Still from Belasheshe
Soumitra in a still from Posto (2017).

Ray was to disclose to Chatterjee later that he liked the film very much and that Aghor was his favourite role essayed by Soumitra outside of his films. Though the print of Sansar Simante is not available currently, it remains among the most highly acclaimed of Chatterjee’s performances. Tarun Majumdar’s Ganadevata (1979) is another film where Soumitra Chatterjee was memorable as Debu Pandit, the protagonist. However, with it he was on familiar ground– he played a man of reason and conscience standing up against injustice. For many, therefore, Aghor trumps Debu Pandit.

Soumitra Chatterjee’s big triumph in the 80s was Koni (Saroj De, 1984), where he played Khitish Sinha (Khidda), a swimming coach. Written by Moti Nandi, the film follows the career arc of Koni, a young underprivileged girl who must break through several social barriers to become a champion. Khidda is a humiliated and ousted coach, who decides to train Koni for free to regain his honour. Once again, breaking away from his urbane image, Soumitra played this role with power and intensity. “Fight, Koni fight,” became a sort of anthem at the time, as Khidda’s role made a tremendous impact on audiences. Dr Mitra in Wheelchair (Tapan Sinha, 1994) is another role where Chatterjee plays a mentor with power and conviction.  

https://www.youtube.com/watch?v=nu8eKed-zto

In fact, from the 90s through to the new millennium, Soumitra Chatterjee acted in a number of films playing mature, older men coming to terms with a changing world. He displayed exceptional talent and power in some of them. Ekti Jibon (Raja Mitra, 1990), Uttaran (Sandip Ray, 1994), Asukh (Rituparno Ghosh, 1999), Paromitar Ek Din (Aparna Sen, 2000 ) and Dekha (Goutam Ghosh, 2001) were among the finest performances in his career. By now he had spent more than four decades as an actor, and was on top of his game. But most of his directors and co-actors still testified to his hard work, discipline and his desire to push the envelope.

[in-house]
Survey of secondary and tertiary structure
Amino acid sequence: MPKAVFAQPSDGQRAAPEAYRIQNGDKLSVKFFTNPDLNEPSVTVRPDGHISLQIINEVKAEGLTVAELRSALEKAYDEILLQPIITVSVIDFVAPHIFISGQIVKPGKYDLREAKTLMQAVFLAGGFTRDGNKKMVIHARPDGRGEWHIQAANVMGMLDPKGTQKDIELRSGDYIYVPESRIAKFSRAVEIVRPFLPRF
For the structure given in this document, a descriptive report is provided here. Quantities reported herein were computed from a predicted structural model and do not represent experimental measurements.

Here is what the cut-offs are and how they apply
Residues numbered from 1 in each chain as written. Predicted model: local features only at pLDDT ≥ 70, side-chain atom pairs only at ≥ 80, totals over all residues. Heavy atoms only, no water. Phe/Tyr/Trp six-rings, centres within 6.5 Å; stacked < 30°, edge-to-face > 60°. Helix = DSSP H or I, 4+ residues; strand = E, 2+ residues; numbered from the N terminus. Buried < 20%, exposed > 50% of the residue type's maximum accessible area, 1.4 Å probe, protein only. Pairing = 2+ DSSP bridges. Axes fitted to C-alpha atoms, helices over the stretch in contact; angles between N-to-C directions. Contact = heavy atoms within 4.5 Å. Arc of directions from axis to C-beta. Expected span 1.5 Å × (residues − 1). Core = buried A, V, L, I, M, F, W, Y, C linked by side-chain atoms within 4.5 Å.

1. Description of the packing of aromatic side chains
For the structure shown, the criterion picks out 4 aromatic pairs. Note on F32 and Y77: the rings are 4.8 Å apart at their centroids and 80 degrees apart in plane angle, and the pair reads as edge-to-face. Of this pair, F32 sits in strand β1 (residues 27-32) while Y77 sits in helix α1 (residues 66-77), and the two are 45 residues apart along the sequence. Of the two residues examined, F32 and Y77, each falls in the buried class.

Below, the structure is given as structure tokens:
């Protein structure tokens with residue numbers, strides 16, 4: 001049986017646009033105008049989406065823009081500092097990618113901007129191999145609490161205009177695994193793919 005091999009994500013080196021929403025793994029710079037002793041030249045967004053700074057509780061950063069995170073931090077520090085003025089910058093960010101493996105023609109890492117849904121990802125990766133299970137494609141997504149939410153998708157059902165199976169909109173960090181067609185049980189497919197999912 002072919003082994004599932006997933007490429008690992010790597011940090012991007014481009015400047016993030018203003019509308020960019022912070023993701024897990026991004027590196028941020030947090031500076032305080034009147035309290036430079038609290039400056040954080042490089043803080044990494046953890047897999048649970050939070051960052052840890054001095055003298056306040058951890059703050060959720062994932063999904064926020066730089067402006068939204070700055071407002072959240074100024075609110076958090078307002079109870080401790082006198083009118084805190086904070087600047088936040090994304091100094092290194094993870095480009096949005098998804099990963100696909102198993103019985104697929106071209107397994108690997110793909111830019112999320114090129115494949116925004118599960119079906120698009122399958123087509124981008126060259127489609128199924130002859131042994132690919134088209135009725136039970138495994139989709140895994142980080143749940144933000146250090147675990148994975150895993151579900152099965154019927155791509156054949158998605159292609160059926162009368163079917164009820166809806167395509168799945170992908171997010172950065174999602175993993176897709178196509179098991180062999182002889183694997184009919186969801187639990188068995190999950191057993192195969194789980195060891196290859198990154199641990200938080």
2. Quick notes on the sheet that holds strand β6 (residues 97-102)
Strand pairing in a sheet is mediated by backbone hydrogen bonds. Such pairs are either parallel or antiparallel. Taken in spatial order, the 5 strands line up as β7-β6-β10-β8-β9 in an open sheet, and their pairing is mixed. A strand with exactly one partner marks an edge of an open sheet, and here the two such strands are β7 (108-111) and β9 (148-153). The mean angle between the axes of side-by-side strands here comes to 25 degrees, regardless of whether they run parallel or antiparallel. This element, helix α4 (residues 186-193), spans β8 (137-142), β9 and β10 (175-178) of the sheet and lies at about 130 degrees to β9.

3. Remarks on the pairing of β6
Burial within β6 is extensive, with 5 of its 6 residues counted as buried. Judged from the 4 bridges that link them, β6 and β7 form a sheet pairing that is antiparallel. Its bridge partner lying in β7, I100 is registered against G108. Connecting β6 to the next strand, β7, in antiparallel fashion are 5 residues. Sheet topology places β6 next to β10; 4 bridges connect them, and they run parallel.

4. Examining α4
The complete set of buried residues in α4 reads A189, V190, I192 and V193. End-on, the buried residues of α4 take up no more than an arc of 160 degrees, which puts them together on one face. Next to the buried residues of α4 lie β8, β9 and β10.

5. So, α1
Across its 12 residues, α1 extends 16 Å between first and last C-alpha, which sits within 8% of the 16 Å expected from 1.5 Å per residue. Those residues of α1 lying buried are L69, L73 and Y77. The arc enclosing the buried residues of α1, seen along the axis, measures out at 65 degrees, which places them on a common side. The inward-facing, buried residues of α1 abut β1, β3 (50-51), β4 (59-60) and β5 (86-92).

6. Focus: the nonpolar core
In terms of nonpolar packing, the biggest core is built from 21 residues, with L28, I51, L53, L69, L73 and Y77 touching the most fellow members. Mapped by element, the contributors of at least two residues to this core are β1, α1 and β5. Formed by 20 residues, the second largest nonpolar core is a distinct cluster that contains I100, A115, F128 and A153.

There came a time, in the last decades of his life, when directors such as Suman Ghosh (Podokkhep), Atanu Ghosh (Mayurakshi) and Anik Dutta (Barun Babur Bandhu) worked on projects created specifically around Soumitra Chatterjee as the central character. The veteran artist received his first National Award in 2007 for Suman Ghosh’s film Podokkhep— well after he had delivered some of his most powerful performances in the previous decades. That he agreed to accept it, suggests that he was truly the refined Bengali gentleman that he was always seen to be.

Images courtesy: Portraits of Soumitra Chatterjee are by Syamantak Chattopadhyay. Photographs are from the Public Domain.

Sanghamitra Chakraborty is an editor and senior journalist based in Delhi. She is working on a biography of Soumitra Chatterjee currently.